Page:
The US Department of Transportation released the first funding charge through a new infrastructure-building program. The Charging and Fueling Infrastructure (CFI) Discretionary Grant Program is in addition to NEVI and pushes US infrastructure funding to the expected $7.5 billion.
The Charging and Fueling Infrastructure (CFI) Discretionary Grant Program alone provides $2.5 billion in funding over five years, of which the first $700 million has now been released for fiscal years 2022 and 2023. This is in addition to the $5 billion National Electric Vehicle Infrastructure (NEVI) Formula Programme, for which the US government set final requirements in February.
EV chargers constructed with CFI funds must adhere to those same standards set via NEVI. This requirement supports a consistent charging experience for users and ensures that our national charging network is convenient, reliable and Made in America, so the press office.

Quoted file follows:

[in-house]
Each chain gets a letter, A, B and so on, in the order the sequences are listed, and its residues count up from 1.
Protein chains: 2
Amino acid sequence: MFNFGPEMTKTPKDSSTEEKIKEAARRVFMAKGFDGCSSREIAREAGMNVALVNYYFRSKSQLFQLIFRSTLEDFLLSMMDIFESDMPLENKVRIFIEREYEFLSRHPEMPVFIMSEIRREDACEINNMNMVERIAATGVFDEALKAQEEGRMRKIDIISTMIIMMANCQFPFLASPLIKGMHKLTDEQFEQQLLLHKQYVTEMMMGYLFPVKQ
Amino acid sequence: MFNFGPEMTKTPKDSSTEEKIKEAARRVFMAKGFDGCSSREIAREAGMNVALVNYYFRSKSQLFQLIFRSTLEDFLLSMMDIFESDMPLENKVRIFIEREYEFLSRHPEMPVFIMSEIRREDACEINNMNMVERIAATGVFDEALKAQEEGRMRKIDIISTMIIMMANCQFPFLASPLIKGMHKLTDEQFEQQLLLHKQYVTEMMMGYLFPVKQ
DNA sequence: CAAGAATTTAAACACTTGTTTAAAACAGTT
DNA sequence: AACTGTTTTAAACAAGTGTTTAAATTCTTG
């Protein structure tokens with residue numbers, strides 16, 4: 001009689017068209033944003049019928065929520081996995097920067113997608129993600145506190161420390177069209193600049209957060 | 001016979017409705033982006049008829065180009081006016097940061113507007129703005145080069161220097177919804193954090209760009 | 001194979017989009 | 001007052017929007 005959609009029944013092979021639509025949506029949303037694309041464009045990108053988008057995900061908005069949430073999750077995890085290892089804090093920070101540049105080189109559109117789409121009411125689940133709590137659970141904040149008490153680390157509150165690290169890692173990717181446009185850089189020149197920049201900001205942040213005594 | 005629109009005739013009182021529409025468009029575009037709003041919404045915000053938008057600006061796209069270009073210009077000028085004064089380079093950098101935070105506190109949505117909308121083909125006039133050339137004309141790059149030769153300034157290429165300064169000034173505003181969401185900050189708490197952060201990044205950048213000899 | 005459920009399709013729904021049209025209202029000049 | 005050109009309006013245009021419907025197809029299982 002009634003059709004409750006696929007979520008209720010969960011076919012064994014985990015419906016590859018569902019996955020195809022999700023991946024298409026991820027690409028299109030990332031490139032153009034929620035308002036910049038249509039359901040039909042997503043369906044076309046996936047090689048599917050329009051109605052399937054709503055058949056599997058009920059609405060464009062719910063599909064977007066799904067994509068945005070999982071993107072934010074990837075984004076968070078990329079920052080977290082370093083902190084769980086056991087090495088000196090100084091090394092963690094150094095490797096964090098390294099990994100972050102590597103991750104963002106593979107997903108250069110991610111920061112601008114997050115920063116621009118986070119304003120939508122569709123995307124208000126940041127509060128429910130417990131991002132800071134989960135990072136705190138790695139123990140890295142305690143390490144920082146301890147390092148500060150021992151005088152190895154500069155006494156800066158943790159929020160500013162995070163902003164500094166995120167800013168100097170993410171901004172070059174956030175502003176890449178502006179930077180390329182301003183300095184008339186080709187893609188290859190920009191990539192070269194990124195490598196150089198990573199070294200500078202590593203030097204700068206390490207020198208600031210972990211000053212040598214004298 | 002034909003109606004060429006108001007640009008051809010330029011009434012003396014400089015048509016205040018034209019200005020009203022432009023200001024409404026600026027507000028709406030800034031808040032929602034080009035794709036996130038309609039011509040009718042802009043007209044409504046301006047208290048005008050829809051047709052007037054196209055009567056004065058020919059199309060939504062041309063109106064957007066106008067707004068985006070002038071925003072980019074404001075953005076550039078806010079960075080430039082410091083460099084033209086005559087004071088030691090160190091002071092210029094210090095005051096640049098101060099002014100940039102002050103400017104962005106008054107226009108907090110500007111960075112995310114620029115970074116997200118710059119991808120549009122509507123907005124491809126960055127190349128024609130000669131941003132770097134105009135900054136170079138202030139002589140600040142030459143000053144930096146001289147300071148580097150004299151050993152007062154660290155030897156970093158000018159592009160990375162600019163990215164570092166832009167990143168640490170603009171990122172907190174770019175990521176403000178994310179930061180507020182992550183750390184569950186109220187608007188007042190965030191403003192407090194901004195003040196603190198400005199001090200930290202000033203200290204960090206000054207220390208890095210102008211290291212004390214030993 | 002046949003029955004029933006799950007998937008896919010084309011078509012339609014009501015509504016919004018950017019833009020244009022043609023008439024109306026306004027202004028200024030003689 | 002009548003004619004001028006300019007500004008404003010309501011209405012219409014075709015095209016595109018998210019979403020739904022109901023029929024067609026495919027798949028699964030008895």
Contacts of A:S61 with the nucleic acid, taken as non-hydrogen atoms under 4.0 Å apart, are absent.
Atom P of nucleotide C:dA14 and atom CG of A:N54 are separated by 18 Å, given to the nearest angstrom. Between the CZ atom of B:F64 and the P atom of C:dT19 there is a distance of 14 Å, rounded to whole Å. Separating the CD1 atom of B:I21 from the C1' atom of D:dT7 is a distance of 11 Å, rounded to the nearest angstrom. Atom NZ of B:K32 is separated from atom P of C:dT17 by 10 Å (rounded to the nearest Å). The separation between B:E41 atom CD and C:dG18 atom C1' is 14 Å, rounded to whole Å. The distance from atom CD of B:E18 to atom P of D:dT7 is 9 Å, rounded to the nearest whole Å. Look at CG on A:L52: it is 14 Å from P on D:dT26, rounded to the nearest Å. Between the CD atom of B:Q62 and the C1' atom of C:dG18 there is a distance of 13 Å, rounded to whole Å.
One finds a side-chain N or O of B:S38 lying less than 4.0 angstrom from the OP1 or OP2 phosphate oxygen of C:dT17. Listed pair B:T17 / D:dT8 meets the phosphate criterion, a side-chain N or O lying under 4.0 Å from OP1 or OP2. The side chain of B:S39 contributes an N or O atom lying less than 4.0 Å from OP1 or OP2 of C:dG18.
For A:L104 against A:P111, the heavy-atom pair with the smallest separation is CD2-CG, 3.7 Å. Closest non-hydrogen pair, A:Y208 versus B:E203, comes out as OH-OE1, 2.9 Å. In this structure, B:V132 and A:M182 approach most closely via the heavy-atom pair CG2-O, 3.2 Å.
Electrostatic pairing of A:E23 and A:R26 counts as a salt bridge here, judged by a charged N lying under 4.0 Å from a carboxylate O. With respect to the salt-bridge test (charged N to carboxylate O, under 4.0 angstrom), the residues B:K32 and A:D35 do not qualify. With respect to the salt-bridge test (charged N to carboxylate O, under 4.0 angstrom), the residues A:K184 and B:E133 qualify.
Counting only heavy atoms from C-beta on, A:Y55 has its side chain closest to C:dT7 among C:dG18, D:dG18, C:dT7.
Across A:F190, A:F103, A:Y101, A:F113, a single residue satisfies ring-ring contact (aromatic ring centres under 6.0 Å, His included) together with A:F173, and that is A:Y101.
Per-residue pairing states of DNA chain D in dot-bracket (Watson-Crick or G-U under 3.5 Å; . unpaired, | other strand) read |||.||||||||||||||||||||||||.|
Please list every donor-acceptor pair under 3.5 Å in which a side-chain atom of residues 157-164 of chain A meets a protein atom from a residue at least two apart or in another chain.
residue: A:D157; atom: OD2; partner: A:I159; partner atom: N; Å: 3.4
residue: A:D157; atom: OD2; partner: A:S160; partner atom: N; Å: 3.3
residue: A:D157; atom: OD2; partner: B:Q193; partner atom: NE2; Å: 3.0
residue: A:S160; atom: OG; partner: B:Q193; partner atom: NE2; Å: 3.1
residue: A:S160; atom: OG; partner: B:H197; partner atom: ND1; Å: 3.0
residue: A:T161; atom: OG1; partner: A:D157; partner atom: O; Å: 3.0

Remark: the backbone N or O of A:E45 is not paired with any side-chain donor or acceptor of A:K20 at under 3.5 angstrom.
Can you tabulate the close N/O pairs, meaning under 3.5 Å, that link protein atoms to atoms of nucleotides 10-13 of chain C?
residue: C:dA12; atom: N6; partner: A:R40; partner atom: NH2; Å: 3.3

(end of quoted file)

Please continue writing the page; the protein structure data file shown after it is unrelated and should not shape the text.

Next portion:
However, while NEVI funding focuses on fast charging stations along highways, the new CFI programme wants to see charging stations and alternative refuelling infrastructure, including both hydrogen and gas, in urban and rural areas, especially in underserved and disadvantaged communities.
“Extending EV charging infrastructure into traditionally underserved areas will ensure that equitable and widespread EV adoption takes hold,” said US Secretary of Energy Jennifer M. Granholm.
The CFI Program has two distinct grant categories and requires that 50% of the funding over five years is made available for each.